On the day of the concert, I took a long bubble bath, applied makeup, did what I could with my hair, and picked out a swell outfit. I even dragged some high heels out of the closet and dusted the cobwebs off of them. I put on jewelry as I imagined sitting next to my sweetie in the cheap seats. Once I was appropriately accessorized, I wobbled my way downstairs in those shiny shoes, and Amadeus went out to start the car.
Well, Amadeus went out to try to start the car. The car, however had other plans. The car laughed at us demonically and said, “You stupid fools! How dare you think I’m going to coöperate with you?” Chug, chug, chug. Wrr-rrr-rrrrrrrrr. The battery was deader than the above mentioned Queen Victoria. A Honda Fit, indeed. Fit for what?
I called my daughter’s boyfriend and he said he’d zip over to give us a jump. Amadeus, handsome in his symphony-going clothes, went to find the jumper cables. The clock was ticking, and at some point I realized that we’d never make it to the arts center before they dimmed the lights. I called a few friends to see if anyone wanted our tickets. I posted them on Facebook, hoping to give them away to someone, but there just wasn’t time.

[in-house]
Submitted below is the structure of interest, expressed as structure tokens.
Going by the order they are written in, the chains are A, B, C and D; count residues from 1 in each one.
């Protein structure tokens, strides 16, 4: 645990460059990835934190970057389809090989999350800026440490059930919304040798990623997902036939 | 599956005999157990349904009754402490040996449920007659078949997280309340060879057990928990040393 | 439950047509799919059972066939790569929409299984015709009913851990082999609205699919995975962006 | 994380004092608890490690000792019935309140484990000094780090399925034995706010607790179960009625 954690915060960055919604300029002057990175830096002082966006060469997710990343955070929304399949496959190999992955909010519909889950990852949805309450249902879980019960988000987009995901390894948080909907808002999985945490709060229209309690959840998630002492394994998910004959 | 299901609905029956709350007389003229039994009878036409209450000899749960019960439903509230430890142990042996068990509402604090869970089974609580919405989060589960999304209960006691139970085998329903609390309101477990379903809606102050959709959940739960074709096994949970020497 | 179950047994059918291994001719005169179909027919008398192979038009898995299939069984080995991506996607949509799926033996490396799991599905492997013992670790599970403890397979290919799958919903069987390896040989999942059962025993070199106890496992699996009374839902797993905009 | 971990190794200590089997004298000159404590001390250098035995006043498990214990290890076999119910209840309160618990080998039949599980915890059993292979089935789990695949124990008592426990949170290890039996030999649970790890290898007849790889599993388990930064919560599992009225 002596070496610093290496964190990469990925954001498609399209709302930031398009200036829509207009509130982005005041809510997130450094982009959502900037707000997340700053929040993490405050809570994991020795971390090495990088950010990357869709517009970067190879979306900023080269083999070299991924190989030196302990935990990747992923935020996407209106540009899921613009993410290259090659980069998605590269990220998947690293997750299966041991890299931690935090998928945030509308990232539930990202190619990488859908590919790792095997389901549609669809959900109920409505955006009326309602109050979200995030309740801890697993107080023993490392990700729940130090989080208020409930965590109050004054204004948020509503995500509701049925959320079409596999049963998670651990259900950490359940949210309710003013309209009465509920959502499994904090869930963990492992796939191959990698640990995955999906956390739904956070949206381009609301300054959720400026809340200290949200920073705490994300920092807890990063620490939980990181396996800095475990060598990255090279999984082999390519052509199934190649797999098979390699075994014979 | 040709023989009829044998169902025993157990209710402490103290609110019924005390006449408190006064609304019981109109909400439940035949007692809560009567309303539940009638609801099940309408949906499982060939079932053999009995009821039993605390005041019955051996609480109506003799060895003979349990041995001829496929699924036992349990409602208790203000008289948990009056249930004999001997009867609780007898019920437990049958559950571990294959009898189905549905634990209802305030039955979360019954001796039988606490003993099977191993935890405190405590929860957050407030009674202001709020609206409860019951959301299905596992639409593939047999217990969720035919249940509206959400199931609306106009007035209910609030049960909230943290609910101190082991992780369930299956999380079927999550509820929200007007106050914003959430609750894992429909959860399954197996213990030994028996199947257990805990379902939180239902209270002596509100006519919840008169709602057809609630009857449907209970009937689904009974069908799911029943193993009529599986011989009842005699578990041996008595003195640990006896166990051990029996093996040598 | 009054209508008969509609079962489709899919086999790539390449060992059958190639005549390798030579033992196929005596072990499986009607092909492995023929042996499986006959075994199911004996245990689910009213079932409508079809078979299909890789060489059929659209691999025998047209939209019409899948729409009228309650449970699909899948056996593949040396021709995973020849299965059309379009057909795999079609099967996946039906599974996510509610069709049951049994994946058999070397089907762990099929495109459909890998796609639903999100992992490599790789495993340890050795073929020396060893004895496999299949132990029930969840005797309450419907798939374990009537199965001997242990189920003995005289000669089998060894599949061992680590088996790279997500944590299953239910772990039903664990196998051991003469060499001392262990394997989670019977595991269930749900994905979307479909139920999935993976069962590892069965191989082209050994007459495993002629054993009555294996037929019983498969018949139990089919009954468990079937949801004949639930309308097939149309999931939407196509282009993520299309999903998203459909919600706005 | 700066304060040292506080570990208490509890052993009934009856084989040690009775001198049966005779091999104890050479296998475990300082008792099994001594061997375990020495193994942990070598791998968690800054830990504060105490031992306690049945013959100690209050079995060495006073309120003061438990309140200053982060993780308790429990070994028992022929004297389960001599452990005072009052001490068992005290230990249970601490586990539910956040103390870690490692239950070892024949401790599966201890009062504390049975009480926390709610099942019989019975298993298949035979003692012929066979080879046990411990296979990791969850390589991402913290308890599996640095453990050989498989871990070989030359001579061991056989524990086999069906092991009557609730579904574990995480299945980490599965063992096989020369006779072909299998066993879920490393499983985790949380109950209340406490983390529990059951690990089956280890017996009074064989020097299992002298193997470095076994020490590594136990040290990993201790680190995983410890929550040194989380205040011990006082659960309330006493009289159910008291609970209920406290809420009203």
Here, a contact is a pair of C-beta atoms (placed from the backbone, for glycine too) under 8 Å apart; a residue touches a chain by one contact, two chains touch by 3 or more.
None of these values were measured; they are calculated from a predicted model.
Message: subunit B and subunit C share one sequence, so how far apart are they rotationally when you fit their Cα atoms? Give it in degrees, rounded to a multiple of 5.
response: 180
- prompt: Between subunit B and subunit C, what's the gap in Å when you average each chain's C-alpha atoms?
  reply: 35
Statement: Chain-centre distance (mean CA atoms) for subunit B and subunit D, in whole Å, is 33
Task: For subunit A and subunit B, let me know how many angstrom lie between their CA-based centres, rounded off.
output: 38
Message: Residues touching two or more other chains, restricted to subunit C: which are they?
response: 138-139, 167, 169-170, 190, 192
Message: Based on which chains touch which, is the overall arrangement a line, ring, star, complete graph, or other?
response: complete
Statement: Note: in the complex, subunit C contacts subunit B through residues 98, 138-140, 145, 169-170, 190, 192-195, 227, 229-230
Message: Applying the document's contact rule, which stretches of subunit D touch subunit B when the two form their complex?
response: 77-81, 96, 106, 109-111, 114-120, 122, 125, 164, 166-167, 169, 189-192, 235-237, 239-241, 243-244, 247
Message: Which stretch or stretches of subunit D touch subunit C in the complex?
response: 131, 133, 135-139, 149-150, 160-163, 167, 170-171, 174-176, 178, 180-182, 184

My daughter, her boyfriend and the Grandpea all arrived. I sat on the step in front of our house and kicked off my stupid shoes. There was no point in risking a high-altitude nosebleed at that point. As we waited for the car to juice, we all sat around outside talking for a bit. The Grandpea put on my shoes. They matched her pink tutu and pet monkey perfectly. She shuffled around in an adorable manner. “I’m Mimi! I’m Mimi!” she shouted, though no one was fooled for a minute.
You know, I’m pretty stoic. In fact, I’m often so happy that I wonder what’s wrong with me. The world is falling down around us, and still, there’s always a part of me that feels thankful and chock-full-o-joy. But yesterday, I have to admit that my emotional climate was less than balmy. I was disappointed, and a deep, low-level depression was creeping in and making my body ache. I had my game face on, but the mouth part of the face was turned down a little at the corners.
After about an hour, my daughter and her entourage left. Amadeus took our remaining money for the month and went to buy a new battery for the car. He drives over sixty miles to and from work each day, with many stops in-between. Jump-starting his battery throughout the day just wouldn’t do.
While he was out making the purchase, I tried to shake off the sadness. Mind you, this wasn’t just about our plans being canceled. I’m a big girl, and I can handle those kinds of curve balls. This was just cumulative exhaustion, another letdown in a series of setbacks. Every day, we put on our combat gear and work our way through our situation. We keep our sleeves rolled up and we plug away. But yesterday, I decided to let myself feel sad. I knew that if I just went upstairs and snuggled beneath a quilt for a little while, I’d be okay.